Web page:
There are many sources of articles for secrets, tips and ideas on how to get ready for a hot weather race. Of course we all have different experiences in racing and training in heat. Many athletes tell me all the time that they can’t race well or perform at their normal levels when it’s hot. Nonsense, you can train your body, mind to deal with the heat! There is no question that with the appropriate training, acclimatization strategy, fueling and race day pacing strategy that you can perform well. The best example of an athlete that was able to overcome severe heat was Scott Molina (“The Terminator”during his Ironman racing career. Scott had a high sweat rate and struggled in Hawaii several times before perfecting his training and race strategy to overcome the heat. He went on to win the Ironman World Championship in 1988.
With our Cyprus Ultra “Donkey Run” occurring July 28, 2012, athletes are going to experience extreme heat and terrain, http://www.cyprusultra.com. The race will be held in the mountains with no shade for 135 miles of 115-120 Fahrenheit Temperatures with the big kicker – over 90% humidity in normal temperatures at that time of the year. Unlike Badwater which is run on roads with intense dry heat (feeling like running in an oven) The Donkey Run will have the added effects of trails and humidity. So how do you get ready for this epic event or another hot weather race with significant humidity?
Here are a few training tips to add to your program in preparation for the event.
- Plan on at least 8 weeks of heat acclimatization training, beginning very slowly.
- Wear dark clothes and plan on running in your area when the temperatures are the highest in the middle of the day. I would recommend that at least 75% of your workouts are with additional “dark” clothes. The workouts need to begin very easy and build effort over time. The effort will be significantly reduced compared to normal with all the additional clothing. No vigorous training – slow and steady!
- Each week, continue to add additional layers. For example week one, plan on wearing tights, 2 long sleeve running shirts (one of them with insulating/fleece components). Prepare to be soaking wet including your shoes.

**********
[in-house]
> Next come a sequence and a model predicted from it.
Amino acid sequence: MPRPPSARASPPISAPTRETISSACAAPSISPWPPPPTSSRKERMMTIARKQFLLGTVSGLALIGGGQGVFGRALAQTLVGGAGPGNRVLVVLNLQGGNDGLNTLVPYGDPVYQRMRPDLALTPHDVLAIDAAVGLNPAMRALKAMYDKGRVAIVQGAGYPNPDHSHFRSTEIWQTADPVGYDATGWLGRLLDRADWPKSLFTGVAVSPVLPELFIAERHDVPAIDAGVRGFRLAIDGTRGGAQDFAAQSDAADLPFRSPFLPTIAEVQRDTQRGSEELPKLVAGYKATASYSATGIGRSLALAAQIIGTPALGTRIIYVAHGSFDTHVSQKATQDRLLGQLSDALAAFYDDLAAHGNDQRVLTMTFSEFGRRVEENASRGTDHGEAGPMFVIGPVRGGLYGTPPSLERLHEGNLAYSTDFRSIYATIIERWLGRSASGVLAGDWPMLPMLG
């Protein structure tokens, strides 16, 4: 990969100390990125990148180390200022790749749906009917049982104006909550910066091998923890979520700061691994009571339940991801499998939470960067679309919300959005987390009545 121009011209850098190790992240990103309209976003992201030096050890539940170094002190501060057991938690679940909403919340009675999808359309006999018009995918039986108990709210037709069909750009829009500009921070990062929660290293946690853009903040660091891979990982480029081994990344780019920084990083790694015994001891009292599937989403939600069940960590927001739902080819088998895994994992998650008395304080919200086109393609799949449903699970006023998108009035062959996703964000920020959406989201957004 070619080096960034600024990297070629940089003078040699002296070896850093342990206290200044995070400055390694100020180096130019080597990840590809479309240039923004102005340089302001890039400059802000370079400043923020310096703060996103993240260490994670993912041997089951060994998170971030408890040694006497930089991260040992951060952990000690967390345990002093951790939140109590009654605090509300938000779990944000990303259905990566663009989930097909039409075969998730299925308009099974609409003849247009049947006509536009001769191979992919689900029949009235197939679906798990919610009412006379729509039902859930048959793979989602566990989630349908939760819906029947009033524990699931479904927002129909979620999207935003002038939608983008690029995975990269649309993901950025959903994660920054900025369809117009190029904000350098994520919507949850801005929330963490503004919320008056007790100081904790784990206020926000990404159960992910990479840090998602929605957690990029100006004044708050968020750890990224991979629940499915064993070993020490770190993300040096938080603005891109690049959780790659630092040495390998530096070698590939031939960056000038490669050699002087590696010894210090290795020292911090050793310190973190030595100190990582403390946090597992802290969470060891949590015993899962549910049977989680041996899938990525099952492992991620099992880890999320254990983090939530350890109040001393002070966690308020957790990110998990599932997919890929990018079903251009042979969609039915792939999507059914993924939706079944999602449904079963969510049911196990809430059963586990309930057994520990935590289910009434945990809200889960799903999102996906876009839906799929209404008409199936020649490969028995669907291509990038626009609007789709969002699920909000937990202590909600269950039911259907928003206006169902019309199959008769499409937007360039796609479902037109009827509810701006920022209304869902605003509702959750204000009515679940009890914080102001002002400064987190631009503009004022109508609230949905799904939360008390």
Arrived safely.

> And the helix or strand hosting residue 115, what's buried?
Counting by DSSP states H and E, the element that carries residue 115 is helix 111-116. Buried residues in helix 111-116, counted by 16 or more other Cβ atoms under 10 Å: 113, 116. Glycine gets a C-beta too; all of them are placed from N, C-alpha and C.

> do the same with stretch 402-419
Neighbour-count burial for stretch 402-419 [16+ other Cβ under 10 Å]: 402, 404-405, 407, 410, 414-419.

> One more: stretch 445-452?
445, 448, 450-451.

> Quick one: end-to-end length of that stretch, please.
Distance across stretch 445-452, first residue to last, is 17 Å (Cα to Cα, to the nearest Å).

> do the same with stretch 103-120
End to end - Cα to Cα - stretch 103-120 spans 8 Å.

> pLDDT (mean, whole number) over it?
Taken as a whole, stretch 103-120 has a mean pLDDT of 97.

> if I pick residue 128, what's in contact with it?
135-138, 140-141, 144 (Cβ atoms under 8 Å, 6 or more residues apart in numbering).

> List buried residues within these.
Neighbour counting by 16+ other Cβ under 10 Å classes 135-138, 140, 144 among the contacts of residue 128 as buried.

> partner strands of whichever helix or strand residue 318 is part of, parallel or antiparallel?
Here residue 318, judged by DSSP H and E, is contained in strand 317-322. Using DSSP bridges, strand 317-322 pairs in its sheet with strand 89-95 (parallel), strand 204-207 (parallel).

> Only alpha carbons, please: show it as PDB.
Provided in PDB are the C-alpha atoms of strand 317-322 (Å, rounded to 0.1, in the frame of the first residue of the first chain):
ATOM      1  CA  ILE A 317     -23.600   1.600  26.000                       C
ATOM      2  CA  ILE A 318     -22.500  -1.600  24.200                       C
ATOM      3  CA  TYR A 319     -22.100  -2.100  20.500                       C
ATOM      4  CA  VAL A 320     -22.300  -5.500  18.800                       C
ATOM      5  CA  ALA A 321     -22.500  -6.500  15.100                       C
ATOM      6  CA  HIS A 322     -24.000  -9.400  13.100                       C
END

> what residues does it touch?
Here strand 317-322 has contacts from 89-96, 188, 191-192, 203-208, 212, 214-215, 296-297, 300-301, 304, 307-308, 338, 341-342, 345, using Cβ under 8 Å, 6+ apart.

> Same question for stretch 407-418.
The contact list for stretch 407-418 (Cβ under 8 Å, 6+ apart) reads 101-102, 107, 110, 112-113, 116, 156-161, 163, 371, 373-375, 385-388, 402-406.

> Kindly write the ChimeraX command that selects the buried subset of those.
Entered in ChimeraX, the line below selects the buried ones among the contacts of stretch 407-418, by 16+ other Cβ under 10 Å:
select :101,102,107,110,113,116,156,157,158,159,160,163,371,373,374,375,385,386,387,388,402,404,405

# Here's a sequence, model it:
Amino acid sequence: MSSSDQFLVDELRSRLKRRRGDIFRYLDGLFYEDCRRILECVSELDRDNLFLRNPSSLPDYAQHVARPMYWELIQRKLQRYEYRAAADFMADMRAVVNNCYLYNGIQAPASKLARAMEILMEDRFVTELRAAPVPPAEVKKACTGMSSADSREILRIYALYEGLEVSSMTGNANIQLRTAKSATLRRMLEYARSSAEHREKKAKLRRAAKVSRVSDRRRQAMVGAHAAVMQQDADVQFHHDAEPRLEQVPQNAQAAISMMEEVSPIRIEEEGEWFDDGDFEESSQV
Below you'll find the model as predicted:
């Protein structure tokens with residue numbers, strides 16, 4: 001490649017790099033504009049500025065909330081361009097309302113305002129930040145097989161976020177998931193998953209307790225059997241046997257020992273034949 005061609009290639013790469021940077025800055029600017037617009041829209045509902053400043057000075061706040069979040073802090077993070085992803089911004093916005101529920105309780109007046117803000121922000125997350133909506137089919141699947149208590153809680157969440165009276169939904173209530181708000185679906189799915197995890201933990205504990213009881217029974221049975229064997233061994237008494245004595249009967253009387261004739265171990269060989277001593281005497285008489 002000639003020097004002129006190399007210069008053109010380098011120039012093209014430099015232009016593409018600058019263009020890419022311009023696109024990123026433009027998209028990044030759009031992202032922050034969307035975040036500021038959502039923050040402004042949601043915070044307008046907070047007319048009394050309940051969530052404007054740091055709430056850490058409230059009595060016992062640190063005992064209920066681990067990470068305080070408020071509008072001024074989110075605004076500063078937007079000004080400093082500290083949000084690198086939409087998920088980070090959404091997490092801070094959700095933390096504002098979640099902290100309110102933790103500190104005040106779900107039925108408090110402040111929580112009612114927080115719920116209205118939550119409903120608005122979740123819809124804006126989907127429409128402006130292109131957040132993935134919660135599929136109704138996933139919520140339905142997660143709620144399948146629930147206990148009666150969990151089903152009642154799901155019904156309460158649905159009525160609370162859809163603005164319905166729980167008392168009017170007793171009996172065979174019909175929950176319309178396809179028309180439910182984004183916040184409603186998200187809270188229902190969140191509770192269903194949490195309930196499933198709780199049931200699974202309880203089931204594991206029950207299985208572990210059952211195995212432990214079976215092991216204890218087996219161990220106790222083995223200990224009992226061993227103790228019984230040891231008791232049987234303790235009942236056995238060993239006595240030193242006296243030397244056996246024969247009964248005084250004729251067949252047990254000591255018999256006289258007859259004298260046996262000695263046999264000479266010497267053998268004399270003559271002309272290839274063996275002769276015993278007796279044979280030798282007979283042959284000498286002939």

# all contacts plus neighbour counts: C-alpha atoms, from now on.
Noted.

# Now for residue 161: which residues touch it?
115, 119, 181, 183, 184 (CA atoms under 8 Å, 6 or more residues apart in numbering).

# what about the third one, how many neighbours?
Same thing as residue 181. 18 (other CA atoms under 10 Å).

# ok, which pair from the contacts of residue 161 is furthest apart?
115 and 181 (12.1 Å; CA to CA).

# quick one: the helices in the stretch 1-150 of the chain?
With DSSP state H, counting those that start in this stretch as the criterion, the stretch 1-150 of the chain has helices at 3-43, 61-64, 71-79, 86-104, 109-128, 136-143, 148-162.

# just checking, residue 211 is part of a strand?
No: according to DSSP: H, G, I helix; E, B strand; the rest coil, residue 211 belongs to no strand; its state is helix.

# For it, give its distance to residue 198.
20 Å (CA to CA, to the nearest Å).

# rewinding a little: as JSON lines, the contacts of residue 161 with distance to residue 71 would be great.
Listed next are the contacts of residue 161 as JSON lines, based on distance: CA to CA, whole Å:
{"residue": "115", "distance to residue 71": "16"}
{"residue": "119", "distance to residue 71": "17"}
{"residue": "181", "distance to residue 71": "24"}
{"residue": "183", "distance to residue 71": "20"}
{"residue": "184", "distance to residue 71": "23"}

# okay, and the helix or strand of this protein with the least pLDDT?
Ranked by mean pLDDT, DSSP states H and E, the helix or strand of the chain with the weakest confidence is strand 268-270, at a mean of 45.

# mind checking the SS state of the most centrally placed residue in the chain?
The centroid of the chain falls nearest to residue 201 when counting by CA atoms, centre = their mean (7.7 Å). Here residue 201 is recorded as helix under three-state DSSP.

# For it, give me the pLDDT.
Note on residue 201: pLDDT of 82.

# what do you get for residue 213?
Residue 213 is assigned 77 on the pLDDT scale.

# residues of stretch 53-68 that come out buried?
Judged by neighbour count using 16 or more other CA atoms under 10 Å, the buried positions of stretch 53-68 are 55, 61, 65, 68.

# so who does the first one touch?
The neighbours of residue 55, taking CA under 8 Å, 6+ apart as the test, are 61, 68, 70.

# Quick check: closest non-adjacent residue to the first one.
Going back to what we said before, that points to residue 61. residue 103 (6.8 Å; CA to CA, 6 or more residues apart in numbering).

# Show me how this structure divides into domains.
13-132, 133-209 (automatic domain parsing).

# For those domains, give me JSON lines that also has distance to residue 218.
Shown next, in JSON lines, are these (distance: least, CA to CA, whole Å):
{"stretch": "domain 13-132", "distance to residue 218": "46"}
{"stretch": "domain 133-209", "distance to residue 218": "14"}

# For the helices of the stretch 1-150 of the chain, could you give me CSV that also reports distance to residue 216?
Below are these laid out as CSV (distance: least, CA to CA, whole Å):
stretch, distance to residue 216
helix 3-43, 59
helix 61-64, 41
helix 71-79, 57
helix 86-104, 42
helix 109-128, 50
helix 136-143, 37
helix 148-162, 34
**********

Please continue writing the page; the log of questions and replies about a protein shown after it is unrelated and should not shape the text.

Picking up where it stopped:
- Don’t use air conditioning in the car or home as much as possible. A good technique to consider is while driving in the car, keep the windows up and turn on the heater. Bring towel for your seat and to wipe away sweat.
- Fluid and electrolyte replacement is crucial! You must practice in these extreme conditions so you know how much you need and how your body will process the large amount of fluids. Stomach distress is a common problem. You need to get your bladder, skin and stomach ready for this intensive heat.
- As you build up over the 8 weeks continue to add layers during your run. For example add an additional pair of running pants, additional jackets, and of course a cold weather ski cap (all preferably in dark colors).
- Two Extreme training ideas: 1. use a plastic garbage bag (cut the top and two areas for your arms) as the first layer next to your skin and then add additional clothing layers. 2. Put a wetsuit on and then cycling shorts, shirts, ski cap and jump on the bike trainer (no fan). These are very difficult to start out with, but will provide intensive heat acclimatization.
- Go to a sauna multiple times per week (for the Cyprus Ultra you will need a sauna with humidity not just a dry sauna) and start with sitting for 10 minutes and build up every week by adding additional time. Take electrolyte drinks into the sauna. Extreme – do some mild exercise such as pushups, jogging in place while in the sauna for a few minutes. Also, you can add some light clothing or just wear a winter ski cap.
Consult with your doctor before attempting all these techniques and start very slow. In 8 weeks time you get you body acclimated to the effects of the intense heat. It’s very important to get recovery drink as soon as finishing these intensive workouts. Be safe and yes it will help come race day! If you need additional advice don’t hesitate to email me at firstname.lastname@example.org.